I know how it feels to lose someone you love. I know that deep black hole that opens up in your chest. That you feel your whole being is sucked into it. I know how mean and cruel and unfair life can be sometimes.

But I’ve learned two things.

First, your loved ones may have left this Earth but they never leave your heart. They will always be with you.

And second, I found the best way through pain and loss and grief is to find purpose.

This wasn’t the first time he’d said it. Having lost his son Beau to cancer, Biden wrote in Promise Me, Dad: A Year of Hope, Hardship, and Purpose (2017): “So how do I want to spend the rest of my life? I want to spend as much time as I can with my family, and I want to help change the country and the world for the better. That duty does much more than give me purpose; it gives me something to hope for. It makes me nostalgic for the future.”

Following Beau’s death Joe Biden contacted noted grief expert David Kessler, who writes of this and much more in his 2019 book Finding Meaning: The Sixth Stage of Grief. Kessler, who co-authored two books with his mentor Elisabeth Kübler-Ross (1926-2004), received permission from the Kübler-Ross Foundation to label a new stage of grief as finding meaning. Kessler, not so incidentally, also lost his adult son, a 21-year-old, several years ago to an accidental drug overdose.

Nick Owchar, Los Angeles Times, reports on Kessler’s overall view of the grief stages model:

To live on after tragedy requires more than acceptance, and Kessler says he hopes the book will help correct the public’s long misunderstanding of Kübler-Ross’ stages. She never intended them as a simple, clear progression, he says.

‘All these years later the public, the media especially, still misinterprets her five stages as a map, as a rigid linear rule to follow,’ he says. ‘That would have appalled her, and it bothers me to no end. People will often complain to me, ‘you’re trying to fit our grief into five neat categories, five tidy boxes,’ but there is nothing about grief that’s tidy or neat. There was nothing about my son’s death that was tidy or neat.’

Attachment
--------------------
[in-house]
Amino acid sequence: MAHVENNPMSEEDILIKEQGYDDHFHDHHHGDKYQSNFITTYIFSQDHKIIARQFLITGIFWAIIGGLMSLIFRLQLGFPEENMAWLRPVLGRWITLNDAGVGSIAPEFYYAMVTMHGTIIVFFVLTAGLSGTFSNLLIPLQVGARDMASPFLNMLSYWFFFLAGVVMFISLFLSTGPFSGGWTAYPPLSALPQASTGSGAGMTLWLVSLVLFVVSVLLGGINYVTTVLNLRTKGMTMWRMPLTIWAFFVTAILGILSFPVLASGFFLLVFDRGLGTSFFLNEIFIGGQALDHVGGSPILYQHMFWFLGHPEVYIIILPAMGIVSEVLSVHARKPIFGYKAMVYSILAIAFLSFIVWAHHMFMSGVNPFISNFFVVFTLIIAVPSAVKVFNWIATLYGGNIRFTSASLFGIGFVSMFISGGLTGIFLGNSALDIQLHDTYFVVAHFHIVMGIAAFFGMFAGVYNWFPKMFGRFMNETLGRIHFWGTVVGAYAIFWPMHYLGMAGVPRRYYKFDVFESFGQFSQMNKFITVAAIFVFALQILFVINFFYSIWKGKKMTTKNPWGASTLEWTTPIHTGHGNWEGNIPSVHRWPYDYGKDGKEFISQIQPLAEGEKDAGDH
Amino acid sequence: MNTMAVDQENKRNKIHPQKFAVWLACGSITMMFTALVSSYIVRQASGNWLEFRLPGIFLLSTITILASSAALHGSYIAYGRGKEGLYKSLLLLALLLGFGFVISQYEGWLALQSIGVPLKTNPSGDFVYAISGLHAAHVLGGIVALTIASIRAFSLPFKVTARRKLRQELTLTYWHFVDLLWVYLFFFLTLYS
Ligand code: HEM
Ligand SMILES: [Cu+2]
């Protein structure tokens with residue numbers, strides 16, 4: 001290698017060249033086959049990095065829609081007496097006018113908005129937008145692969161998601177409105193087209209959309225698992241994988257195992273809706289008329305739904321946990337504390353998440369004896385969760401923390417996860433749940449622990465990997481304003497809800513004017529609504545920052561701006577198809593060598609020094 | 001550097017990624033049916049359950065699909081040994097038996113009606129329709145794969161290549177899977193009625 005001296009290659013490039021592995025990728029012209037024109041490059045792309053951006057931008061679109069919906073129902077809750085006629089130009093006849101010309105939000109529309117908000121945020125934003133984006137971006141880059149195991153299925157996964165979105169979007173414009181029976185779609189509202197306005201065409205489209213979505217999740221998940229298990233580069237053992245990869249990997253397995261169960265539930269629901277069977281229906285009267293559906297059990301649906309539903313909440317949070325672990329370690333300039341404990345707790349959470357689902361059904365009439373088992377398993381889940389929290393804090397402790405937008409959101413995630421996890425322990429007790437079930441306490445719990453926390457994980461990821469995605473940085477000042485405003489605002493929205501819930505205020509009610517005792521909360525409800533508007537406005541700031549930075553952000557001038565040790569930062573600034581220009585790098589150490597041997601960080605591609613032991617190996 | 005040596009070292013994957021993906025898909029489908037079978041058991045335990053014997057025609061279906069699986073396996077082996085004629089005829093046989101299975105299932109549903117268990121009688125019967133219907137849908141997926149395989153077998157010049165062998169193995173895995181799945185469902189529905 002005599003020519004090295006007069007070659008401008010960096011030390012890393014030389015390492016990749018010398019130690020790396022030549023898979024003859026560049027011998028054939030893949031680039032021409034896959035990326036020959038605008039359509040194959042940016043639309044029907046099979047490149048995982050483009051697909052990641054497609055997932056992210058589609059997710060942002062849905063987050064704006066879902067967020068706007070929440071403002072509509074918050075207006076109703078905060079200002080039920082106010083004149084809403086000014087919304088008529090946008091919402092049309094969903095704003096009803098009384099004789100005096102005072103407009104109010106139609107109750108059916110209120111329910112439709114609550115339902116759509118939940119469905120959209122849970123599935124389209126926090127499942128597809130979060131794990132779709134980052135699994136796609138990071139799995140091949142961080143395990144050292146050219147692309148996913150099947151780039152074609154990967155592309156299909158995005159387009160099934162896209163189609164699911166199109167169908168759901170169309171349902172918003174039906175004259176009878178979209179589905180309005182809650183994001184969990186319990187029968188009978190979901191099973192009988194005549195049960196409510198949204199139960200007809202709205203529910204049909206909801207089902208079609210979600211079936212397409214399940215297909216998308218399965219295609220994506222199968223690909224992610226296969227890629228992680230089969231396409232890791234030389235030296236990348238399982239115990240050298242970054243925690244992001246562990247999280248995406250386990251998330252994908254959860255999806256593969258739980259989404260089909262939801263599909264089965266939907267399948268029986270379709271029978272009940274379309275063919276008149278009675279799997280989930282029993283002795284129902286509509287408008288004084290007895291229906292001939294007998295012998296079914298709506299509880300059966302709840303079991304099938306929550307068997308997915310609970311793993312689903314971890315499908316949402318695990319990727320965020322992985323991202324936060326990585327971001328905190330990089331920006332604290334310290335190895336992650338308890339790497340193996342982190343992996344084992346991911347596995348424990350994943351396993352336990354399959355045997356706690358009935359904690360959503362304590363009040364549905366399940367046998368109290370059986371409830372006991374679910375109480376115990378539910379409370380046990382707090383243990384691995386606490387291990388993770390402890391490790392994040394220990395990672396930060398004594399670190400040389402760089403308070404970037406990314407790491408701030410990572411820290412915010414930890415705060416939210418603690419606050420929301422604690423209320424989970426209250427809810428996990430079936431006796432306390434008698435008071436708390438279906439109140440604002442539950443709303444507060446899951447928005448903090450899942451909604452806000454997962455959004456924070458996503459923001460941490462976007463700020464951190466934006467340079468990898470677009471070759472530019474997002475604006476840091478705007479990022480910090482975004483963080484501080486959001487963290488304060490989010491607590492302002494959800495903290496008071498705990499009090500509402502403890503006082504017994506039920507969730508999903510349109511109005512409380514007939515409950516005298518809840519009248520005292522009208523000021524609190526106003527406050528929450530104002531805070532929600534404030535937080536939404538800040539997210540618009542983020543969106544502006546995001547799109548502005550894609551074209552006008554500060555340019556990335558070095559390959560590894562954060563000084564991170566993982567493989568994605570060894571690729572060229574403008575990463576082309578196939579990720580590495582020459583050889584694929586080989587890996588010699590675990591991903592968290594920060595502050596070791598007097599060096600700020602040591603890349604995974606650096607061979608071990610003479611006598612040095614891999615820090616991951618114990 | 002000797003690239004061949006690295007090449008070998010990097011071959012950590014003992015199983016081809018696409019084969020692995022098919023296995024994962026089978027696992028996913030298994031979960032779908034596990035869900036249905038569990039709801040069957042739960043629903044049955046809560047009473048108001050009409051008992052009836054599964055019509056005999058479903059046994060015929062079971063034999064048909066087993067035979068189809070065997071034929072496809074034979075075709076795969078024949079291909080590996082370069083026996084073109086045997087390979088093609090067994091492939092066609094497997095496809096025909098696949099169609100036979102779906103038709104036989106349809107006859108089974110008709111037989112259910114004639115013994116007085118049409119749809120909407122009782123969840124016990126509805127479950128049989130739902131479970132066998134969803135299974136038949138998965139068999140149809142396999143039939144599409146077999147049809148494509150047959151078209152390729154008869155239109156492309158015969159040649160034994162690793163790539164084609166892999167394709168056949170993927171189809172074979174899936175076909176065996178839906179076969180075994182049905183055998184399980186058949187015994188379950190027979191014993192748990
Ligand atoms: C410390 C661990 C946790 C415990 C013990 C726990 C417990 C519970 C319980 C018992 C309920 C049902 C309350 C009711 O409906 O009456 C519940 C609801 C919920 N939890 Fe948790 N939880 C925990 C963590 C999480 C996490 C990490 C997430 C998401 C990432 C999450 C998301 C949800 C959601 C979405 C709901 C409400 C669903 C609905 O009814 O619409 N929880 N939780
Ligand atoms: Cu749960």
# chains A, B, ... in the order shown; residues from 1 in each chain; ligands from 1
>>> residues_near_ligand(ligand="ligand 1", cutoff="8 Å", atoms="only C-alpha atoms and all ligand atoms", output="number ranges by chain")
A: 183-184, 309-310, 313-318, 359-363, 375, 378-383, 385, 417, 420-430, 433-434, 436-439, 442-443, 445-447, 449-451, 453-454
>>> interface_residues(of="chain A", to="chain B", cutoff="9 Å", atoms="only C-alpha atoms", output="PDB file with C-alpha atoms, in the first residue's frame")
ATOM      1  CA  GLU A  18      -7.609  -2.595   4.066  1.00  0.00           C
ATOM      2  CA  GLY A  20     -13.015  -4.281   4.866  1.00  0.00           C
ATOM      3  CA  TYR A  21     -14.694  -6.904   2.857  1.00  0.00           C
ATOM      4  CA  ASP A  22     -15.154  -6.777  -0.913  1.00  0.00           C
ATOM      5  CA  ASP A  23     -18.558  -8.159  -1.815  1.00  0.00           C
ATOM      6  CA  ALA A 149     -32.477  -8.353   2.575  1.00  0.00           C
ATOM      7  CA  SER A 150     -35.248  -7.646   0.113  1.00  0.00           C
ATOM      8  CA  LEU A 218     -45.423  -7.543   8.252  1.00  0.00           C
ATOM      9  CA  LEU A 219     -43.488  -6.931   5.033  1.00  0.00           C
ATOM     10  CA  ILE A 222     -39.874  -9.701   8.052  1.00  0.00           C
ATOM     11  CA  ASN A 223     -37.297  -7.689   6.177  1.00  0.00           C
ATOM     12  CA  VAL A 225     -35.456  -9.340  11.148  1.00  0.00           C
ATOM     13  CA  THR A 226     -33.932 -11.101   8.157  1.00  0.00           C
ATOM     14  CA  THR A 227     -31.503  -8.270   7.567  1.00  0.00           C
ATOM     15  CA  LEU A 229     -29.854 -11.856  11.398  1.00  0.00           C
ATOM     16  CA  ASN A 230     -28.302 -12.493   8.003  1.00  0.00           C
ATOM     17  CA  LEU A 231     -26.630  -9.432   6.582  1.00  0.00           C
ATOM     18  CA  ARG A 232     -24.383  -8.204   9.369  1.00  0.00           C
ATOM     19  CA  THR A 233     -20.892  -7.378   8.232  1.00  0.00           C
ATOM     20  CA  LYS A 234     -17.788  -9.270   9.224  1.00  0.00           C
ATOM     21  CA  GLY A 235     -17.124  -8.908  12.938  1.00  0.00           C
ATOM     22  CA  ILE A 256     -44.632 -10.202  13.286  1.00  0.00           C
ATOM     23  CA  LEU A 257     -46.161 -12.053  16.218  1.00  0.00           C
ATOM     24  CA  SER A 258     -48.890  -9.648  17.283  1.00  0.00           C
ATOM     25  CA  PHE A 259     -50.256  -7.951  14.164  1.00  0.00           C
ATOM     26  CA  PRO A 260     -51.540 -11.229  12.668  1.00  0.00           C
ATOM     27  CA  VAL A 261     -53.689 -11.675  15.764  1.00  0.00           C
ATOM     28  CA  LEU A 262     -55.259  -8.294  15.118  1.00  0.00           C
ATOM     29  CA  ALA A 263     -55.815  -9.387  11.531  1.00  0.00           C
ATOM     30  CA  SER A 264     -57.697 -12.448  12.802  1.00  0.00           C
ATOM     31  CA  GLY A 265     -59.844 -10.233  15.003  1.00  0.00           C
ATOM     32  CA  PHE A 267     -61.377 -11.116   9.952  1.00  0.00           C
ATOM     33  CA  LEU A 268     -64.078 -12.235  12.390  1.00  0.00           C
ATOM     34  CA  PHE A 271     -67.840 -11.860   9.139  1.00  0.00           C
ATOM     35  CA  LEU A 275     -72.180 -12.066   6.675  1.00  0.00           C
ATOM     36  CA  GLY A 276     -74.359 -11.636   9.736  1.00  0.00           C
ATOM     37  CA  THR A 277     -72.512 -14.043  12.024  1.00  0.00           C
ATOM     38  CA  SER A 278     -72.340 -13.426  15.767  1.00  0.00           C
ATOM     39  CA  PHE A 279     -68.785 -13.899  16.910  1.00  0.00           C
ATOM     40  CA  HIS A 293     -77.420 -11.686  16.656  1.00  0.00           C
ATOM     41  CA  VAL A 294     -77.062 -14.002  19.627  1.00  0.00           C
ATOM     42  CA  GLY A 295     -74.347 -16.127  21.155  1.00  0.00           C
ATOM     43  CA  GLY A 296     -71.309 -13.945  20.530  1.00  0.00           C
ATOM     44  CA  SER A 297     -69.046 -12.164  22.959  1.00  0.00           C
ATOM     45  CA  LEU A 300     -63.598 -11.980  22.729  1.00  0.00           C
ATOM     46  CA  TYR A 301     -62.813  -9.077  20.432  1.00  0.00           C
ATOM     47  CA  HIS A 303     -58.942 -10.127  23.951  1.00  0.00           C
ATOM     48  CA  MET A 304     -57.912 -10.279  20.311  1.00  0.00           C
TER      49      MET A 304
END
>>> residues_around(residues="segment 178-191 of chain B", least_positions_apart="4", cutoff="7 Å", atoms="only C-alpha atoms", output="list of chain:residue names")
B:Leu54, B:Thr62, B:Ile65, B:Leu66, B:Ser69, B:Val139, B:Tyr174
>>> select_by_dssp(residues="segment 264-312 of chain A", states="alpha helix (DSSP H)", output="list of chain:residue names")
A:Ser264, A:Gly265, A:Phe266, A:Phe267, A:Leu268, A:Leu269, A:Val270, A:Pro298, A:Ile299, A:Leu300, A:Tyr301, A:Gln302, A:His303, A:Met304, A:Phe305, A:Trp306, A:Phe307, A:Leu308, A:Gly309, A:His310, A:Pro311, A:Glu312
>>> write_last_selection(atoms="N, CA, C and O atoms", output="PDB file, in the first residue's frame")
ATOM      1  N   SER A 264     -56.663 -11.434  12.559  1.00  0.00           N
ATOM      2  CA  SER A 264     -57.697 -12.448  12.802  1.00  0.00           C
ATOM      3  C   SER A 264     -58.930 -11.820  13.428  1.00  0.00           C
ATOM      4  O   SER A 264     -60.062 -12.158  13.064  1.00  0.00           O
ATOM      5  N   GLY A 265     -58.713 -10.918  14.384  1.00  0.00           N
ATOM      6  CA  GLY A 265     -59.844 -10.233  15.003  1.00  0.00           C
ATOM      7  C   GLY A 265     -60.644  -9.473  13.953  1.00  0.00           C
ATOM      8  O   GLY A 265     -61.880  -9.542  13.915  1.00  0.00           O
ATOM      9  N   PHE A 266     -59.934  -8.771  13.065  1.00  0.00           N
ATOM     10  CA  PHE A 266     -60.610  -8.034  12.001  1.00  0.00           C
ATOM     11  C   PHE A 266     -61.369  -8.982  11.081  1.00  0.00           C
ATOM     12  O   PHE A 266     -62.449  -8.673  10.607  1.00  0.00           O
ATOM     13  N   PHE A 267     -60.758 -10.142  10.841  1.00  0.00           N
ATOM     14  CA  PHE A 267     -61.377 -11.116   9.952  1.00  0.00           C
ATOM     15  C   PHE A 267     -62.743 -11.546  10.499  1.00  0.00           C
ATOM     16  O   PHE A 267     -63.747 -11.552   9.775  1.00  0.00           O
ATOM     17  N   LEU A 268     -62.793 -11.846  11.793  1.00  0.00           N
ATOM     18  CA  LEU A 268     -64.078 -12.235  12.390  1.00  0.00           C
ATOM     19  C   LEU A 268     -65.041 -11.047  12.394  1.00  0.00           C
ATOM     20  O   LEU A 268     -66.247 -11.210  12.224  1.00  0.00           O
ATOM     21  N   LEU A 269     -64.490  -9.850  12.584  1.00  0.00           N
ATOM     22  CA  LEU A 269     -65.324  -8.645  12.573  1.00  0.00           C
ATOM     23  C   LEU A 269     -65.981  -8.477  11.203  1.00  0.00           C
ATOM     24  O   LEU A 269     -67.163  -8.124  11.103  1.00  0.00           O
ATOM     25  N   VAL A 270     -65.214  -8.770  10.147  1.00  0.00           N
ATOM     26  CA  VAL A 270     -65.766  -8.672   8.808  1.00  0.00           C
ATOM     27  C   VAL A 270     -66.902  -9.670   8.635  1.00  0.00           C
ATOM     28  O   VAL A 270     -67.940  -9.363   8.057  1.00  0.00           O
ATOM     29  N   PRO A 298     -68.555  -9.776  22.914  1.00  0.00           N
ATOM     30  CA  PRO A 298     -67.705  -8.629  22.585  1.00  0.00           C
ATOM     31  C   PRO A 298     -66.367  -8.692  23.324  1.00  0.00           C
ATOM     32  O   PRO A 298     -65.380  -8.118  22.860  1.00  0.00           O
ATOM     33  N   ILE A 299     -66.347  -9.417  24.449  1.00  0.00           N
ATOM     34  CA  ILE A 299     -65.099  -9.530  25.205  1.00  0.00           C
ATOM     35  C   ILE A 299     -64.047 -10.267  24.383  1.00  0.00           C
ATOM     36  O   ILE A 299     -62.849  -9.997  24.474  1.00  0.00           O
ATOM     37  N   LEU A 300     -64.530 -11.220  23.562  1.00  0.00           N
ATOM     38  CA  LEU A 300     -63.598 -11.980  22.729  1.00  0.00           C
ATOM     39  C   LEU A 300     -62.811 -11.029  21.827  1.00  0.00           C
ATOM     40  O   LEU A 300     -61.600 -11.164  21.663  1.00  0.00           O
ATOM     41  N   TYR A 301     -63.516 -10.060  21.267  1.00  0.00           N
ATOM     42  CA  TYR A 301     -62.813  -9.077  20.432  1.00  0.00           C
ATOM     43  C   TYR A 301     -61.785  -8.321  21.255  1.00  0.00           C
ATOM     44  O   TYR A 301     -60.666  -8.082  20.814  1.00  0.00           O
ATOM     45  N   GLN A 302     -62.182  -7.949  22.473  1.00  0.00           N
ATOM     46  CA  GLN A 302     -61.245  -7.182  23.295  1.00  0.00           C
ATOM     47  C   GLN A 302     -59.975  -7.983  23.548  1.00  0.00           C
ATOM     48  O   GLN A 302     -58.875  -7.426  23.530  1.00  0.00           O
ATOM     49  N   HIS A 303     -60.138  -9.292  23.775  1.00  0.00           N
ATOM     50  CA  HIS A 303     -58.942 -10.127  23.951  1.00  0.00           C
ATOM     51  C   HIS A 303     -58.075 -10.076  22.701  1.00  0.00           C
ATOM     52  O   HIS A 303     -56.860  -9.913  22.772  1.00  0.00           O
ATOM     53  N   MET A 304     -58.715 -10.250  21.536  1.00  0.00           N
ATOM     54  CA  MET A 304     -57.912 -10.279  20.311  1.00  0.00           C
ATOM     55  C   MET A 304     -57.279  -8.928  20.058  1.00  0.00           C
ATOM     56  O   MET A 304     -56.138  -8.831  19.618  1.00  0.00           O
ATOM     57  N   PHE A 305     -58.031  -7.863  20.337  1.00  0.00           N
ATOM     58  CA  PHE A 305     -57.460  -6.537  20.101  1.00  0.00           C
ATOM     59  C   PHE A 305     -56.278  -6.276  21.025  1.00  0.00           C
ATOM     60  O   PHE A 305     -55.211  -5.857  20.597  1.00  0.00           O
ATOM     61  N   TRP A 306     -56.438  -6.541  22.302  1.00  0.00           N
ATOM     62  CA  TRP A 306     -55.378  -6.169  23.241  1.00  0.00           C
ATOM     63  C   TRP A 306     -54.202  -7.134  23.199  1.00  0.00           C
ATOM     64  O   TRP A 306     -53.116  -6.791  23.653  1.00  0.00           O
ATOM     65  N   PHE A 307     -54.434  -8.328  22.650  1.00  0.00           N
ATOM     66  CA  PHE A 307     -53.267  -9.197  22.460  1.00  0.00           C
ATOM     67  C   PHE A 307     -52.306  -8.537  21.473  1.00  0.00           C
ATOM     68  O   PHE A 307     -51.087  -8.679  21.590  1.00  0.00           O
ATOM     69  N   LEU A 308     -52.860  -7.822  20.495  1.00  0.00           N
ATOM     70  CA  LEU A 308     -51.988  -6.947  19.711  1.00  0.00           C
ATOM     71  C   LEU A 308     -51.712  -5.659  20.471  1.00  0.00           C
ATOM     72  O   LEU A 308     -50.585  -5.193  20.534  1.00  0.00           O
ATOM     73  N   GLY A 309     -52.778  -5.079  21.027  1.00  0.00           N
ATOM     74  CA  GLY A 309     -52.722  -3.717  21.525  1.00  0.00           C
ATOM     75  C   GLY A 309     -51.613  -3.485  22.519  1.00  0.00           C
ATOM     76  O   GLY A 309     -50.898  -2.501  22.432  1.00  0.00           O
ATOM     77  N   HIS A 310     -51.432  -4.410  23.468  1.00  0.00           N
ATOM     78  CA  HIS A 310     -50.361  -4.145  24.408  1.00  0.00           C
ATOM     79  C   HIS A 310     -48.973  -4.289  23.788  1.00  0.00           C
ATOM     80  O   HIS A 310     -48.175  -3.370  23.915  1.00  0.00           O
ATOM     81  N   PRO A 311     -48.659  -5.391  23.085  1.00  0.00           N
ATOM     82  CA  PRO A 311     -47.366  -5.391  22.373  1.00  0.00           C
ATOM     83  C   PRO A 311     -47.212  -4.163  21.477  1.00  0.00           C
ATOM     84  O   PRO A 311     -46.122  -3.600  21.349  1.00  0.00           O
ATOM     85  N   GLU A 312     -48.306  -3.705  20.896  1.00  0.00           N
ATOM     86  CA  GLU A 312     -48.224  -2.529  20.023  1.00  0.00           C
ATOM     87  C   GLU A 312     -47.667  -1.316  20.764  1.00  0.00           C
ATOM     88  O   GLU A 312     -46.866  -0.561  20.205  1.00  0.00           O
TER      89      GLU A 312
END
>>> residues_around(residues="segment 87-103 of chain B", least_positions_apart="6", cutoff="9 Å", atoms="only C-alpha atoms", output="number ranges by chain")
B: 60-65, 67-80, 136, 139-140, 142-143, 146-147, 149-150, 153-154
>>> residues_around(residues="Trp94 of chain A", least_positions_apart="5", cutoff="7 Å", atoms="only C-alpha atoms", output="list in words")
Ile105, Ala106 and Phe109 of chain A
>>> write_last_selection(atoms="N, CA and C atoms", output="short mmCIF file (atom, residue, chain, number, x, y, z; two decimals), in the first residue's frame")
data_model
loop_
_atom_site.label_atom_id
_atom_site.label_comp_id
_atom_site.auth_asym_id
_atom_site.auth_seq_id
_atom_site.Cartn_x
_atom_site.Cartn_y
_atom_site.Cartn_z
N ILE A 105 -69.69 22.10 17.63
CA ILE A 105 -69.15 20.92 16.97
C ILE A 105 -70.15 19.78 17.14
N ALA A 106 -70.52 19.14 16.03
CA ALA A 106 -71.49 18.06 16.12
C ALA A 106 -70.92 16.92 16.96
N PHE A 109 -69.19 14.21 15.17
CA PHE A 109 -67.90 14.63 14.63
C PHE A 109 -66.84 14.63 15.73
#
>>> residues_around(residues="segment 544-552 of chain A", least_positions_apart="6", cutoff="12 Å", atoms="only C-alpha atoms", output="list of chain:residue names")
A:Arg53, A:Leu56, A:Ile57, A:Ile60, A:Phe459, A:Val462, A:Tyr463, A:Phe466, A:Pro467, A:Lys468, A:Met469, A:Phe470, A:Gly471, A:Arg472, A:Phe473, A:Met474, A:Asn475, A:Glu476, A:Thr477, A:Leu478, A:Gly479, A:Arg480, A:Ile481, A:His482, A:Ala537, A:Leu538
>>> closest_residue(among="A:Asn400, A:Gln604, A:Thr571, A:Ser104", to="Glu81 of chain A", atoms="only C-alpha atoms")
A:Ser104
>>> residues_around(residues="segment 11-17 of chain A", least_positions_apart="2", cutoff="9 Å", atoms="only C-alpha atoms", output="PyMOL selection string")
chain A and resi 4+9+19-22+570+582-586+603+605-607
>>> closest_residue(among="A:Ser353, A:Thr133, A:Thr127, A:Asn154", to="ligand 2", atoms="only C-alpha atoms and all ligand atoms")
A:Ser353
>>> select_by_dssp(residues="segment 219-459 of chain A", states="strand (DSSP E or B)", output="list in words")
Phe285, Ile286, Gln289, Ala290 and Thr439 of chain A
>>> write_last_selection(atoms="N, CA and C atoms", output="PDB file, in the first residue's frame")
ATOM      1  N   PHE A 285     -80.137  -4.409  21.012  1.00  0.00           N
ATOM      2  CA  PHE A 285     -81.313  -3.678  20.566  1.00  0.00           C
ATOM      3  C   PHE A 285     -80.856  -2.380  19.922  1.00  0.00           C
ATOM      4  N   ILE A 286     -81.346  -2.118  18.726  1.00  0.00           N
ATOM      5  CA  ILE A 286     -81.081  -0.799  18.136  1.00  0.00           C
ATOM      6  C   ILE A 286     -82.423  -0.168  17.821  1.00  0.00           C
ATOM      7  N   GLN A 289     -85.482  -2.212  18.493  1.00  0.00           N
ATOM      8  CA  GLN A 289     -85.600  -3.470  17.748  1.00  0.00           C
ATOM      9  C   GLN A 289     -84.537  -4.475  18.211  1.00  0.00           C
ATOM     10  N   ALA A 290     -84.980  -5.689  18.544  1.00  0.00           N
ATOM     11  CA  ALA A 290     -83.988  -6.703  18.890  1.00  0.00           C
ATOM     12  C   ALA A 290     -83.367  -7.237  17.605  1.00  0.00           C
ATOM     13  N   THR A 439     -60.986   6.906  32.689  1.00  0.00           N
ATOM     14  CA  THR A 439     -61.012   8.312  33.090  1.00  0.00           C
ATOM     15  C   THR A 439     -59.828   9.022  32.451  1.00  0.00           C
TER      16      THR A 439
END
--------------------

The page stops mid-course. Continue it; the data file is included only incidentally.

Specifically regarding the author’s presentation of the sixth stage, Publishers Weekly states:

‘Meaning helps us makes sense of grief,’ Kessler writes, speaking both as professional grief counselor and as someone who has experienced tremendous loss…Kessler shows how large acts (starting a foundation) as well as small ones (eating an ice cream sundae in memory of a loved one as a celebration) help the bereaved to create meaning in a variety of ways.

Author Katy Butler, whose most recent book is last year’s The Art of Dying Well (see previous post) states the following in praise of Finding Meaning: “Whether our grief arises after a suicide, a difficult relationship, the death of a child or newborn, even the ambiguous losses that accompany mental illnesses and addiction — David reassures us that we can find in our deep pain an opportunity to contribute to the wider human story. Grief may not end, but David reassures us that it can change shape and be a source of generosity, love and meaning.”